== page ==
The church of St. Oswald, King and Martyr, so dedicated, as appears from an ancient brass affixed to one of the columns in the south transept, by Hugh de Pateshul, Bishop of Coventry A.D. 1241, is a cruciform building, consisting of chancel, clerestoried nave, south aisle, transept, north and south porches and a central tower, with lofty octagonal spire, 212 feet in height, ribbed with ball flower ornaments and pierced with twenty dormer lights in five tiers of four each; this spire, a work of great beauty and remarkable lightness, is called the "Pride of the Peak," and was raised to its original height and thoroughly restored in 1891-4, at a cost of £5,000, Mr. W. White being the architect: the tower contains a fine peal of 8 bells, all cast in 1815, and an ancient sanctus bell: the south aisle is divided from the nave by an arcade of four Decorated arches supported on handsome columns: the church is 176 feet 6 inches in length and 98 feet 6 inches from north to south across the transepts: the chancel is mostly Early English, but the east window is Perpendicular, and has been filled with stained glass, presented by Mr. and Mrs. A. G. Corbet, of The Grove, Sturston; on each side are six lancets, six of which have been filled with stained glass by the Errington family: on the 25th February, 1884, a statue of St. Oswald, carved in hard red sandstone, by Mr. Bridgeman, of Lichfield, was placed in an ancient niche (the base and canopy of which have been restored) in the great central buttress of the west end: the carved oak screen was erected 2 April, 1884, as a memorial to the Rev. J. R. Errington M.A. vicar of Ashbourne, 1850-72, and is surmounted by the figures of four kneeling angels, executed in oak: in the south wall are three sedilia with pointed arches, and beyond these a piscina under a small trefoil niche: on the north side is a richly ornamented and canopied tomb, with crocketed pinnacles, said to be that of Robert Kniveton, of Underwood Grange (1471), and there are monuments to Christopher and Mary Harland (1810), the Rev. John Saunders, late rector of Leigh, the Rev. Thomas Goodread, vicar of Ashbourne (1702), George Errington esq. (1769), and his son George (1795), to Lieut.-Col. Bainbrigge, killed at the battle of Egmont-Op-Zee in 1799, and Rachel, his wife, and to Lieut. Edward Bainbrigge, killed in the trenches before Sebastopol in 1855: in 1877-8 the chancel was thoroughly restored at a cost of £2,500, under the direction of the late Sir G. Gilbert Scott B.A.; the Cokayne chapel, adjoining the chancel on the north side, is also chiefly in the Early English style, and contains the tombs of the Cokayne, Boothby and Bradburne families; an arcade of two bays divides it from the chancel, a handsome parclose of Decorated design inclosing the whole; on the east side are two stained lancet windows, one to Thomas Hartshorne esq. (1860) and the other to Capt. Holland R.N. (1860), erected as a mark of respect by the inhabitants of Ashbourne: on an altar tomb of excellent character, in freestone, are the recumbent alabaster figures of John Cokayne, in the costume of the 14th century (1372), and Edmund, his son, clad in the knightly dress of that period, who was slain at the battle of Shrewsbury in 1404; the next is an altar tomb entirely of alabaster, enriched with plain shields, and bearing the recumbent figures of Sir John Cokayne, eldest son of Edmund (1447) and his first wife, Joan, the figure of the knight affording a good example of the armour worn during the time of Henry V. and Henry VI.: an altar tomb of Purbeck marble bears an alabaster slab, incised with the figures of a knight clad in armour, and his lady, representing Sir Thomas Cokayne, knighted by Henry VIII. at the siege of Tournay, and Dame Barbara his wife (1537): under the north window is an altar tomb of Purbeck marble, with brasses (renewed at the expense of a descendant of Lord Cullen) to Francis Cokayne esq. (1538) and Dorothy his wife; there is also an alabaster slab to John Cokayne (1505), son of Sir John Cokayne, and an altar tomb of freestone, upon which are the recumbent figures in alabaster of Sir Humphrey Bradburne, knight, of Lea (1581), and Elizabeth his wife, the sides of the tomb bearing figures of their sons and daughters, with a shield of arias: here also are the effigies of John and Ann Bradburne, and a monument to Jane, daughter of Sir Henry Bradburne knt. and wife of Henry Sacheverell esq. of Morley: in this transept are many memorials of the family of Boothby, including one to Ann, wife of Brooke Boothby (1750), an alabaster monument to Sir Brooke Boothby bart. (1789) and Phoebe, his wife (1788), and the exquisitely pathetic and yet simple marble monument to Penelope, only child of Sir Brooke Boothby bart. who died in 1791, aged five years, by T. Banks B.A.: there is also a mural monument to Sir William Boothby bart. (1706) and Dame Hill, his wife (1704); another to Hill Boothby (1756); a monument in freestone to Sir William Boothby bart. (1824), and Rafeld his wife with others of his family from 1805 to 1846: these tombs and monuments were restored in 1878 by Geo. Edwd. Cokayne esq. M.A., F.S.A. Clarencieux King of Arms in the Heralds' College: the organ, placed in the Bradburne chapel, was erected in 1840 as a memorial to Mr. Corden; this chapel has a large Perpendicular window of seven lights on its south side, probably inserted by the Bradburnes at the foundation of their chantry in 1483: the transepts are Decorated, the north transept, restored in 1879-80, at a cost of £600, containing a fine stained window, erected in 1877 by the Misses Hartshorne in memory of their parents, and another to John Lister, who died in 1854; one lancet window has been filled with ancient glass taken from the south transept, which has a memorial window, erected in 1874 by the inhabitants of Ashbourne, to the Rev. J. R. Errington M.A. for 22 years vicar of Ashbourne; here is also a similar memorial to John Robert Dalby (1870); and in the south aisle is a window to members of the Wise family: the font is Early English, and there is a brass lectern, presented in 1878 as a memorial of Lady Bent by her grandchildren: under the north transept window is a stately mural monument of marble, in the Renaissance style, to Sir Thomas Cokayne (1592) and Dorothy his wife (1595), representing the knight and his lady kneeling towards a reading desk, while underneath appear in bas-relief the figures of their ten children; there are also monuments to James Sherratt (1710), the Rev. William Rawlins (1783) and Hannah his wife (1786), with their son William (1817), as well as to the Rev. Samuel Shipley M.A. 44 years vicar of Ashbourne, d. 1850; a handsome monument in freestone to Sir Matthew Blakiston bart. (d. 1862), and a brass to Nicholas Spalden (1713): extant records show that there once existed in this church at least three chantries: St. Mary's, founded by Henry Kniveton, rector of Norbury, in 1391: that of the Holy Cross in 1392, by the feoffees of Nicholas Kniveton esq.; and St. Oswald's, about 1485, by John Bradburne, of Hough, in this parish, and Anne his wife; and there were also endowments for maintaining perpetual lights in the church: the nave, south aisle, and other portions of the church were carefully restored during the years 1881-3, at a cost of about £4,000, the west end of the nave being entirely rebuilt: the plate includes a paten, presented by Sir William Boothby bart. in 1687: the churchyard is well kept and has a fine avenue of limes on the north side, and an ancient yew.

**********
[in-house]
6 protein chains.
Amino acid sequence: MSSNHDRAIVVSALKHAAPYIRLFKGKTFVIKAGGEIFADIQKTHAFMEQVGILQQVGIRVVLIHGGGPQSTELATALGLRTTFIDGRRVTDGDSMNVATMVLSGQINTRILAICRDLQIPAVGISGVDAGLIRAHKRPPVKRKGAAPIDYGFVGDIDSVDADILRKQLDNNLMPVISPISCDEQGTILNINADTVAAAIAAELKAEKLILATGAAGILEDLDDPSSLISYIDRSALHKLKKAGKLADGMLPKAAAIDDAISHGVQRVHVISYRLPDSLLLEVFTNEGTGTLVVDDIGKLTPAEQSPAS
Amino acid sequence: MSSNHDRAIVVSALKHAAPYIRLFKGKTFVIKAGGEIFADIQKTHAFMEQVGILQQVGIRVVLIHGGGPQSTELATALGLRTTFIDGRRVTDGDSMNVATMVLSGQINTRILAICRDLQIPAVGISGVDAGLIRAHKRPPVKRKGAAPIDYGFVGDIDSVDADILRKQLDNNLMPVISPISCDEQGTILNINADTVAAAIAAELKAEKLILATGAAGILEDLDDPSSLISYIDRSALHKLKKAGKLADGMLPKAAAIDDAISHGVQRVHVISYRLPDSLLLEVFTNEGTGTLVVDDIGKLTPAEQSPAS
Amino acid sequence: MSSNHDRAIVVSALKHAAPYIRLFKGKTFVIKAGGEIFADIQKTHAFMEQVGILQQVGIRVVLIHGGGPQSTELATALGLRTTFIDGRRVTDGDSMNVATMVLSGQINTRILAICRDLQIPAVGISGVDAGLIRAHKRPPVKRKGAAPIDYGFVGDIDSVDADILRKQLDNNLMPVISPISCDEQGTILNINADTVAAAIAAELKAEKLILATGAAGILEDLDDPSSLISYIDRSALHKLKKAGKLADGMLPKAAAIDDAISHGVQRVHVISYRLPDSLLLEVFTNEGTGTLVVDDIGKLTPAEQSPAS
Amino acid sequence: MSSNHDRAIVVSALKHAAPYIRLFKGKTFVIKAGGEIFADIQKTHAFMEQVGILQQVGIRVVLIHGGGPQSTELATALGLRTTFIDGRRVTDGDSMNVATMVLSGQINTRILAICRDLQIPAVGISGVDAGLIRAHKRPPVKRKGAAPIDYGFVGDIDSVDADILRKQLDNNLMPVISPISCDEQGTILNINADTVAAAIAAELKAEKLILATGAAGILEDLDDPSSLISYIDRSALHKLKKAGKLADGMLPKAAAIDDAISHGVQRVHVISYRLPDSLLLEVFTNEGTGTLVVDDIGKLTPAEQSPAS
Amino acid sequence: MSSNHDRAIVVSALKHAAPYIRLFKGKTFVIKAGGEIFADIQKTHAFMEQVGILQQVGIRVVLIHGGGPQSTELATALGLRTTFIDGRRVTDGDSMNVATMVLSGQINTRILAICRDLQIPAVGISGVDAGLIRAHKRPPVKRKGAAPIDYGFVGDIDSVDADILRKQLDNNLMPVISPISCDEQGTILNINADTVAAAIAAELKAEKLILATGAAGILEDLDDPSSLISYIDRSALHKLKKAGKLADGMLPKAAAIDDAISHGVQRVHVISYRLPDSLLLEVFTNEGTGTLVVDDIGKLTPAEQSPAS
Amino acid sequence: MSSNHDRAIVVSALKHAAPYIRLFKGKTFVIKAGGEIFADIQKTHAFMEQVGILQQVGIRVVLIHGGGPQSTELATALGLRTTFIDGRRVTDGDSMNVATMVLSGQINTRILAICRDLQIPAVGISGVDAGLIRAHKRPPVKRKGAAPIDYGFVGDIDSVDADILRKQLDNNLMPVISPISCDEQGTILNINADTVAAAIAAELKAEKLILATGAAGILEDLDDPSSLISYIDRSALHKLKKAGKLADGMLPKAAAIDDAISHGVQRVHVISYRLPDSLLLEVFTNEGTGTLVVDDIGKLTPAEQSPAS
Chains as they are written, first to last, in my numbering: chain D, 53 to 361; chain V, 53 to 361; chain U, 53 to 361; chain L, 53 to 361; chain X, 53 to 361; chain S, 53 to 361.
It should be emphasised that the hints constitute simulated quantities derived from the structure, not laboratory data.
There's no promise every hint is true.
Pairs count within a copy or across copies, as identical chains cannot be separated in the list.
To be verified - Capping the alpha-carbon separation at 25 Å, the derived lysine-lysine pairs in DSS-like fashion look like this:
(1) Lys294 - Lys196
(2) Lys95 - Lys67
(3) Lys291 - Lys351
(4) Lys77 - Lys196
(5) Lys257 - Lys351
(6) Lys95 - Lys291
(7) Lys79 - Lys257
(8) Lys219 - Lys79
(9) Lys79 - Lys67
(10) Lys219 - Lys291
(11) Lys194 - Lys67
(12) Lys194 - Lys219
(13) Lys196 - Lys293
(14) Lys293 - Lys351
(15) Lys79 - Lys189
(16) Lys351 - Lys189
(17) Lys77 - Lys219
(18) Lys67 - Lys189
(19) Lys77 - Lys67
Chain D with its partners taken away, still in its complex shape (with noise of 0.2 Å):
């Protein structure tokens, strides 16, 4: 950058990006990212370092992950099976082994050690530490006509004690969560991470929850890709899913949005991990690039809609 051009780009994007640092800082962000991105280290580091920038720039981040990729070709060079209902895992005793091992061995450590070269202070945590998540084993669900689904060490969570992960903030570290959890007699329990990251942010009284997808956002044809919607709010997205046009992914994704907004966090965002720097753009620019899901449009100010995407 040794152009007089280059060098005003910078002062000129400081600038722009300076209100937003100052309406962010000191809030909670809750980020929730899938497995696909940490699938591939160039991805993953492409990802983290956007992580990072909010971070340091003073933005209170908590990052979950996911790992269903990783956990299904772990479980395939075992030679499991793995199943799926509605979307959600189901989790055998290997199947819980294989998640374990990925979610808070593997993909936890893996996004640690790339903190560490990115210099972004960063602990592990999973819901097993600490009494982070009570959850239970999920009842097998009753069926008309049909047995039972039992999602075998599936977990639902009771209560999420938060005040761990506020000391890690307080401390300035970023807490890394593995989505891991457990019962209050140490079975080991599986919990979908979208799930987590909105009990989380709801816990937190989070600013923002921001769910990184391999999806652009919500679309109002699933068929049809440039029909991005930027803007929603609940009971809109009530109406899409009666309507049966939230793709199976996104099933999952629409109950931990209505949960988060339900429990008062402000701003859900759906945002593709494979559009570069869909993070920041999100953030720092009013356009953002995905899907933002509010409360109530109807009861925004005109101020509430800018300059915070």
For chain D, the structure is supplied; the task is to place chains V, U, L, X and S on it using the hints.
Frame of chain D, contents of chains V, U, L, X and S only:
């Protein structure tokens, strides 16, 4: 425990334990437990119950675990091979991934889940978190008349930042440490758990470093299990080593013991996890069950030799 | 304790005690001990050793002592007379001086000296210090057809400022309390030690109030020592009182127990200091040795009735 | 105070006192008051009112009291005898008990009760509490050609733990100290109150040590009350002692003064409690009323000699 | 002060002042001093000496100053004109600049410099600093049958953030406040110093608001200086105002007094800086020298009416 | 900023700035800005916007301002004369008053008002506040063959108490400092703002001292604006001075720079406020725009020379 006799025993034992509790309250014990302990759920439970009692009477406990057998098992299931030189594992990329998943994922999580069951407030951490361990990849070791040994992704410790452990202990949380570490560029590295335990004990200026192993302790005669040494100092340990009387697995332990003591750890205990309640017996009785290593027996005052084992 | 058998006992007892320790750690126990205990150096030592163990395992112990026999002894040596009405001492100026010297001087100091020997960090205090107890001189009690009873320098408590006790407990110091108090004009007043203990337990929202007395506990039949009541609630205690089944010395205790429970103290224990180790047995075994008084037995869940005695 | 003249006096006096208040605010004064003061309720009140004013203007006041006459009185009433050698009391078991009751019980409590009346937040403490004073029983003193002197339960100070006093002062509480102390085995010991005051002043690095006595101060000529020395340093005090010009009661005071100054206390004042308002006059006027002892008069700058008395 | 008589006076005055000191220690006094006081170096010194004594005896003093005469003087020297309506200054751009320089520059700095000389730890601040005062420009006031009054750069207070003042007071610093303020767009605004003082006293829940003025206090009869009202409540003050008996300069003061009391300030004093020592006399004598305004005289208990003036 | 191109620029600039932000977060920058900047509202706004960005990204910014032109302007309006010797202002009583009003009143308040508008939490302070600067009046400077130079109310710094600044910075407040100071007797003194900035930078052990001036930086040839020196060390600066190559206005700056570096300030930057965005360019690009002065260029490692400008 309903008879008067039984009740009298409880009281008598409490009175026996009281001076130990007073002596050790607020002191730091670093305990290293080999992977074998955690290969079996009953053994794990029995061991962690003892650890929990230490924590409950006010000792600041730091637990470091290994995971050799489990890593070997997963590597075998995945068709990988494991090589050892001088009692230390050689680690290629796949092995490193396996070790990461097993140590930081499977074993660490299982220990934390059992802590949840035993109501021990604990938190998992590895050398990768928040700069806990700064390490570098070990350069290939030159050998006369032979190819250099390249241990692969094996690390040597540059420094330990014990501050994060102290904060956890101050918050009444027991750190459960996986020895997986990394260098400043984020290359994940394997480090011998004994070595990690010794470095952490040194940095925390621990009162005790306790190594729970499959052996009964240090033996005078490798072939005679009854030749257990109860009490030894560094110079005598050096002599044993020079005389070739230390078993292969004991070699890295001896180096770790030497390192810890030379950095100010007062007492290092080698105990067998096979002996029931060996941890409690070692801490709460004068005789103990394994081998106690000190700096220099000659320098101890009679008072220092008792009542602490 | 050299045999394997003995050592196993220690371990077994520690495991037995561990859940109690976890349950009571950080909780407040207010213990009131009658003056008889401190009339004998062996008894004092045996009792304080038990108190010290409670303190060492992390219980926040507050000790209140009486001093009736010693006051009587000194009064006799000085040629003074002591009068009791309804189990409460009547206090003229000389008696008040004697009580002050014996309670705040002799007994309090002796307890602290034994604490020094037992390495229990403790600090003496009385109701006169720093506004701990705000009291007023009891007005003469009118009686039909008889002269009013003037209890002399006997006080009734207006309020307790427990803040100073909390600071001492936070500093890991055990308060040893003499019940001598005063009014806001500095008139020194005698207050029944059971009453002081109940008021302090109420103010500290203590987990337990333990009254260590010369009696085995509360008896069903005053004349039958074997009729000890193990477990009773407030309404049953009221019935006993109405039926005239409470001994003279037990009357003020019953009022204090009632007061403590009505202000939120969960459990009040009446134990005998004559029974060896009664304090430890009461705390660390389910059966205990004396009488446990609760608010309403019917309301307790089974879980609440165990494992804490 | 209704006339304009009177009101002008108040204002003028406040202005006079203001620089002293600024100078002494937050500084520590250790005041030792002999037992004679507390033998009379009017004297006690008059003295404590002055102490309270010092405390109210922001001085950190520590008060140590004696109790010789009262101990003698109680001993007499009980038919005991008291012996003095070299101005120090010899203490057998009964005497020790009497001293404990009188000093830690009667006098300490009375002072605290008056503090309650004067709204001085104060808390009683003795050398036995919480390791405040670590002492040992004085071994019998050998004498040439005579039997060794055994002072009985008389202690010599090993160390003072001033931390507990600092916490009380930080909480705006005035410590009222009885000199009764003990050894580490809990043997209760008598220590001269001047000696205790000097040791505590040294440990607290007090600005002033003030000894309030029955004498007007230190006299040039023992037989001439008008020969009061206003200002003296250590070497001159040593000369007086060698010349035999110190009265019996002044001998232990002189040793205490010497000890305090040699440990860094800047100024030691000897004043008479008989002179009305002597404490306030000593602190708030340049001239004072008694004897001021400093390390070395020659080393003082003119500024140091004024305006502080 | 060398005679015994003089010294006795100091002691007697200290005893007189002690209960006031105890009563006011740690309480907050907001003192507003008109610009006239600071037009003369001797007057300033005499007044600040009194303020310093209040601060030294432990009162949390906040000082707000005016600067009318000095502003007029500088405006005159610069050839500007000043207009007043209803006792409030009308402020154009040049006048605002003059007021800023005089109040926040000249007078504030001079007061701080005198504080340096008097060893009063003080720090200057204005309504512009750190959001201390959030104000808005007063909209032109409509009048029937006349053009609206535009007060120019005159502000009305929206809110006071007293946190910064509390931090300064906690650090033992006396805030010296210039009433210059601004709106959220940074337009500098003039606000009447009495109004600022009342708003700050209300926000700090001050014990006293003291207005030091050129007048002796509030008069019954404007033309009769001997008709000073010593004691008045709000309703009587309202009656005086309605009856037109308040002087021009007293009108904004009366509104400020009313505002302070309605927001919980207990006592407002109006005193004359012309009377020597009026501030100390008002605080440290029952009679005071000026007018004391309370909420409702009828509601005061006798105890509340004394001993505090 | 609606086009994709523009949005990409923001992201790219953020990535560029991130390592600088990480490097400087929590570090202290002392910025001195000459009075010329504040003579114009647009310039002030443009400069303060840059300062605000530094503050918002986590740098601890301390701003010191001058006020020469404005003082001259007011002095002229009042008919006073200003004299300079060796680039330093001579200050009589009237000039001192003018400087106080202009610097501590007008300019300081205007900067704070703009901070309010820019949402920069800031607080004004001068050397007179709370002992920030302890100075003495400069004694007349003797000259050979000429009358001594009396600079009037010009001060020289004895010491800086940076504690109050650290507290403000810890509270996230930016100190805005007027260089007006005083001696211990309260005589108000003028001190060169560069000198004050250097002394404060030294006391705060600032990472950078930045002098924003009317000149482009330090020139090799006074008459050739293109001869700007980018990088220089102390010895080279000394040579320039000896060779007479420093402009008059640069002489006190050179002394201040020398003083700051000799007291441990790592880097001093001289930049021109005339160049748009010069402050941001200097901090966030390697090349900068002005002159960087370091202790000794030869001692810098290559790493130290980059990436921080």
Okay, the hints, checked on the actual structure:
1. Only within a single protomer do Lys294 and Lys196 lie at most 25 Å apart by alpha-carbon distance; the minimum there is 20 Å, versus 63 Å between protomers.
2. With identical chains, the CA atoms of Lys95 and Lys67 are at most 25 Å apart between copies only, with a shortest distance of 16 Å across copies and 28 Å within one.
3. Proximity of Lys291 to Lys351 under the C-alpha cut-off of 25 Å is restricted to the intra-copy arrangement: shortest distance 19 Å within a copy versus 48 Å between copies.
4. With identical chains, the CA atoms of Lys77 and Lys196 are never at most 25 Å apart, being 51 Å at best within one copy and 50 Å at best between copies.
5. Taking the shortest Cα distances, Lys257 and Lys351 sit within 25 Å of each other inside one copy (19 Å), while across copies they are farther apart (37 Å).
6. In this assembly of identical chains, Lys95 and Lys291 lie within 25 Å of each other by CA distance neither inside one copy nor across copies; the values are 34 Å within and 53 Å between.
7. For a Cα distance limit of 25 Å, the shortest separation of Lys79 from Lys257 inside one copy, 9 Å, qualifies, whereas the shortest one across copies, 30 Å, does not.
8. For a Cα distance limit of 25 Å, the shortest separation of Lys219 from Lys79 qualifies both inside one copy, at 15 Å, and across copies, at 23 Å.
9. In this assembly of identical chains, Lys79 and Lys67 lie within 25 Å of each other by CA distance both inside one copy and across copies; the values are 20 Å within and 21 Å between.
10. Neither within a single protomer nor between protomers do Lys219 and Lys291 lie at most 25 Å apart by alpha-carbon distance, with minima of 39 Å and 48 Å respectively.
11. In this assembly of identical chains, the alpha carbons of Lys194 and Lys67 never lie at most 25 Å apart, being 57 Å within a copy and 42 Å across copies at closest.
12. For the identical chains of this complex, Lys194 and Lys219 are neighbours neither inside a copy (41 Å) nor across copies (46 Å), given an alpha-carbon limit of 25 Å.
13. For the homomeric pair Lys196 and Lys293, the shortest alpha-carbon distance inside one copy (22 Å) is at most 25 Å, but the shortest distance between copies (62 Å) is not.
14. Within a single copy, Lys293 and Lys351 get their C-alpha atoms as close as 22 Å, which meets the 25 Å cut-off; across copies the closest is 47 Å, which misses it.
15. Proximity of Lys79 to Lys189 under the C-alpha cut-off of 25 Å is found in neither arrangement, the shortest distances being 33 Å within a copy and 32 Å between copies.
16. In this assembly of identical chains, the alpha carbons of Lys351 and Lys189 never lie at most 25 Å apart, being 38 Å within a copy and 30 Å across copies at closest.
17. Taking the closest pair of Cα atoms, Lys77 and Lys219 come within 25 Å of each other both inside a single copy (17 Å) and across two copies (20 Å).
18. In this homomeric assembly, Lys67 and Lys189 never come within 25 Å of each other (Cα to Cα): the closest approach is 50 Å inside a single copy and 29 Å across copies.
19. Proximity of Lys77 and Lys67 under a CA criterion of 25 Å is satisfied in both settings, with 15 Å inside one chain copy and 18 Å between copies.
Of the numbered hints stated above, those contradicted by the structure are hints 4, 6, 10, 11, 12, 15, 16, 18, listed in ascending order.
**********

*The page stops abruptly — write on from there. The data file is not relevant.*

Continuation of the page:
Sion Countess of Huntingdon Connexion chapel, Derby Road

Sion Countess of Huntingdon Connexion chapel, in the Derby road, is a structure of brick, built and endowed by the late John Cooper esq. in the year 1801, together with the minister's house and almshouses adjoining; the house and schoolroom were rebuilt in 1905; the chapel seats 400; the chapel was founded in 1787.


Primitive Methodist Chapel, Station Street

The Primitive Methodist chapel, in Station street, erected in 1894, at a cost of £1,700, is an edifice of red brick, with Stanton stone dressings, and has 400 sittings.

Wesleyan Chapel, Church Street

The Wesleyan chapel, in Church street, erected in 1880-81, at a cost of about £4,860, is an edifice of red brick, relieved with Stanton stone, in the Italian style, and has 500 sittings: a Sunday and day school was held in rooms beneath the chapel.


Gospel Mission Hall, South Street

The Gospel Mission hall, in South street, erected in 1888, will seat 100 persons.

Roman Catholic

All Saints, Bellevue

The Catholic church, Bellevue, dedicated to All Saints, is an edifice of red brick, erected in 1887, and contains an altar of alabaster, designed and constructed by the donor, Major-General P. Hercy: in 1900 an oaken pulpit was carved and presented by Col Hercy: the church affords 120 sittings.

Directories & Gazetteers

We have transcribed the entry for Ashbourne from the following:

Land and Property

A full transcript of the Return of Owners of Land in 1873 for Derbyshire is online.


Online maps of Ashbourne are available from a number of sites:

Newspapers and Periodicals

The British Newspaper Archive have fully searchable digitised copies of the following Derbyshire papers online:

DistrictDerbyshire Dales
RegionEast Midlands
Postal districtDE6
Post TownAshbourne